It took more than nine months for Time’s Up to pick its first chief executive, Lisa Borders, who joined in October 2018 from the WNBA. The Los Angeles-based group broadened its scope to look beyond Hollywood and address larger issues of workplace safety, equal pay and parity in a variety of fields.

But it struggled to differentiate its Time’s Up Now advocacy work from that of the separate Time’s Up Legal Defense Fund.

And Borders lasted less than five months. She resigned under pressure in February 2019 after a Santa Monica woman accused Borders’ then-36-year-old son of inappropriately touching her after the woman invited him to her apartment for a massage. Borders was put in an untenable position of deciding between defending her son or the values of the organization.

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Borders received more than $930,000 in compensation, according to the group’s 2018 and 2019 tax records.

Other high-level staff members of the charity were richly compensated. Rebecca Goldman, the treasurer, secretary and interim CEO received $475,000 from two Time’s Up affiliates in 2019.

When Lisa Borders announced her resignation this week as the inaugural chief executive of Time’s Up, she cited a need “to address family concerns that require my singular focus.”

Tchen, a longtime corporate lawyer and former chief of staff for former First Lady Michelle Obama, took the reins as president in November 2019. Politically active in Chicago, Tchen had been involved from the beginning and was an architect of Time’s Up signature legal defense fund, which is administered by the National Women’s Law Center.

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But clashes over the group’s focus continued.

“We weren’t doing any real work to help survivors,” Malloy said. “Instead, we could easily get our priorities scrambled in a day because a board member would have an idea about some issue. Then we would have to drop everything.”

An example of that occurred in February 2020 during planning for a policy-focused campaign for paid leave for people dealing with childcare. Malloy said the staff was hurriedly recruited to help Tchen draft an online petition in support of Gayle King, co-anchor of “CBS This Morning,” who was facing a backlash for asking tough questions during CBS’ coverage of the death of Lakers legend Kobe Bryant. King had asked WNBA star Lisa Leslie about Bryant’s rape case.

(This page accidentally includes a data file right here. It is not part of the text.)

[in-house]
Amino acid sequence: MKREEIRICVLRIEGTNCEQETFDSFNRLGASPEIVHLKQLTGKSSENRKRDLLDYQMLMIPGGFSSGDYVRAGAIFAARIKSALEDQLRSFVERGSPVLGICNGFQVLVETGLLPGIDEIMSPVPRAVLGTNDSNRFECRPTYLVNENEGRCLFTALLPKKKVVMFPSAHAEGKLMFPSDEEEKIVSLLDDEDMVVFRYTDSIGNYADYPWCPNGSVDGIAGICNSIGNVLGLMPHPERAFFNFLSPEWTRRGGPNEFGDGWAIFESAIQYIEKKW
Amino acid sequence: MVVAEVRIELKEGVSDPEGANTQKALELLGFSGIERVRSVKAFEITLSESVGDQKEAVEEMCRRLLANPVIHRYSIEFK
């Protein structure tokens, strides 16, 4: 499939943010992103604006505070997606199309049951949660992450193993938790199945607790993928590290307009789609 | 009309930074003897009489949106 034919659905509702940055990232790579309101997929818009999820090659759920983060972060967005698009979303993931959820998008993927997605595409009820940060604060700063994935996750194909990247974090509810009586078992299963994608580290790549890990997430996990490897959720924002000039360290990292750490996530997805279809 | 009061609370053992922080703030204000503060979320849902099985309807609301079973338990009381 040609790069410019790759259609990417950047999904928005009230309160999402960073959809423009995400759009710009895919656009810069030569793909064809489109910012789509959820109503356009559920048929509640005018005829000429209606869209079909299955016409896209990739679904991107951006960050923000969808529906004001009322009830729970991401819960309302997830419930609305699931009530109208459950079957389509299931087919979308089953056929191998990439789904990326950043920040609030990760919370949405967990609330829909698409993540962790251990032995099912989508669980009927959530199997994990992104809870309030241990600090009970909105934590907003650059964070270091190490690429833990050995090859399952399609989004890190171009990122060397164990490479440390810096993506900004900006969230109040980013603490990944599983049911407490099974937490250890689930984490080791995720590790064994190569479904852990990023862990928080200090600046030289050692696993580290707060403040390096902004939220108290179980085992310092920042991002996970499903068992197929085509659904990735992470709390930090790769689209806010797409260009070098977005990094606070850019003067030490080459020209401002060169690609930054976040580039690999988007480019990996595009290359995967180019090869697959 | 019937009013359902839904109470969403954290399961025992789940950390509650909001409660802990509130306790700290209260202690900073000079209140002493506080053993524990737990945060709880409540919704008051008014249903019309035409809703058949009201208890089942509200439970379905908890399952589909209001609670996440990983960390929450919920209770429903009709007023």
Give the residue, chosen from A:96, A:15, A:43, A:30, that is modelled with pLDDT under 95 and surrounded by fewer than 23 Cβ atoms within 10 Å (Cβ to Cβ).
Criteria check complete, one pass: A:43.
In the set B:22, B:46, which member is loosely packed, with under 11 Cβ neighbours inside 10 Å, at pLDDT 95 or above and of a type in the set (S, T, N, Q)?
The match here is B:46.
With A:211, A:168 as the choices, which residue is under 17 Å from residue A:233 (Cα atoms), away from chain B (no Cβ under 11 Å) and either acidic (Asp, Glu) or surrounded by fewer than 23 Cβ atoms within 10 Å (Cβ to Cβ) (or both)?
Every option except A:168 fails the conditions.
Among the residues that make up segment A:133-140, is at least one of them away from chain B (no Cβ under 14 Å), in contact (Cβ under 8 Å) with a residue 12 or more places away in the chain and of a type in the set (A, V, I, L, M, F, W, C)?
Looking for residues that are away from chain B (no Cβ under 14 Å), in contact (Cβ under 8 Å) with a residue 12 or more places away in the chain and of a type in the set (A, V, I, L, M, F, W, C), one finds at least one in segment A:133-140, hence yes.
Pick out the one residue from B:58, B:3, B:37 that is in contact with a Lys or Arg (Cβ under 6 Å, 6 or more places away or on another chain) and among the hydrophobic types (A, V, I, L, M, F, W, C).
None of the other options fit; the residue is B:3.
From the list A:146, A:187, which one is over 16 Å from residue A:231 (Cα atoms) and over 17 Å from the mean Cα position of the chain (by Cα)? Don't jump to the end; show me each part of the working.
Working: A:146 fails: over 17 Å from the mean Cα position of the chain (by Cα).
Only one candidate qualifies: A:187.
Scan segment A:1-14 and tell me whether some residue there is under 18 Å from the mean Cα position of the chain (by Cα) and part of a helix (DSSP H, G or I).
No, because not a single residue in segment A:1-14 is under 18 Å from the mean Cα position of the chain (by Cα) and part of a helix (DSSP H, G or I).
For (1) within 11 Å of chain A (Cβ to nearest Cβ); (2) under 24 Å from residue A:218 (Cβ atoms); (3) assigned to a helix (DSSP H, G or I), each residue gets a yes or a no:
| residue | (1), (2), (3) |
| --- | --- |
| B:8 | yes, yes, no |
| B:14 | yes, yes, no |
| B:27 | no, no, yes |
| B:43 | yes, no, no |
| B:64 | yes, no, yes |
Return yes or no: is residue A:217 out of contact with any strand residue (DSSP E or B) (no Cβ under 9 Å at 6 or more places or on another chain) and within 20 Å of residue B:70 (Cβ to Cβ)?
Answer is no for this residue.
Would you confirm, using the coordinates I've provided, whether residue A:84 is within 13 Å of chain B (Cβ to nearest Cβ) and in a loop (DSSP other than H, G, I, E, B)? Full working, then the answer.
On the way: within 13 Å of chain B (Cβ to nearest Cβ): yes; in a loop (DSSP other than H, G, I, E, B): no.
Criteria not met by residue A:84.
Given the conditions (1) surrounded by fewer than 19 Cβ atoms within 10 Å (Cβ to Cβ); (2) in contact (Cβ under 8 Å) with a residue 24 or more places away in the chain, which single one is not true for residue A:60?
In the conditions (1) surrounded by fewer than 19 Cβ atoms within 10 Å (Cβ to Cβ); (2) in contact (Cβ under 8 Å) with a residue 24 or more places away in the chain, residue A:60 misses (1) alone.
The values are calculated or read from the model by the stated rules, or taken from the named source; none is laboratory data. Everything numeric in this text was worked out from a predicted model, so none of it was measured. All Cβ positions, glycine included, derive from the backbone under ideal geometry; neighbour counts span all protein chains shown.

Time’s Up published a statement, titled: “We would not be here today without journalists like Gayle King.”

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A second former staff member also described being “pulled in a lot of different directions by powerful board members.” This person, who was not authorized to comment, also criticized the “mission creep,” as the group became involved in controversies that were not strictly about promoting workplace safety, leveling the power dynamic or coming to the aid of victims of sexual assault and harassment.

For example, Time’s Up launched a social media campaign blasting the Hollywood Foreign Press Assn., which owns the Golden Globes, for its lack of diversity and ethical lapses detailed in a Los Angeles Times investigation.

“It was shiny object syndrome,” Malloy said. “It was whatever is catching the most attention, then gets the most energy. And often, it was not what was in the best interest of survivors or the movement, long-term.”

One of the group’s co-founders, who was not authorized to speak publicly, summarized the dilemma facing the most prominent members: “When you have political influence, how do you best use it?”

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Two former staff members said they raised objections during internal debates about whether Time’s Up should launch a consultancy to boost revenue by advising corporations and others grappling with sexual harassment claims.

The former workers said they told Time’s Up leaders that such a money-making venture would conflict with Time’s Up’s stated mission to fight “for a future where no one is harassed, assaulted, or discriminated against at work.”

“They are failing survivors,” said Turkos, who drafted an open letter to Time’s Up earlier this month, describing the ways that some activists felt the organization had let women down. It was signed by more than 100 women. “We were ignored and had doors slammed in our face.”

Malloy, the former staff member, added: “There is and was a deep sense of arrogance that they know better how to advocate for survivors than survivors do — because they are so powerful and so successful as individuals.”

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But even critics of Time’s Up still want the organization to succeed.

“Can they come back from this? Yes,” Turkos said. “But, currently, they are not doing what it will take for them to recover. They are not listening to survivors, and they are not showing survivors that they care.”

Times staff writers Stacy Perman and Amy Kaufman contributed to this report.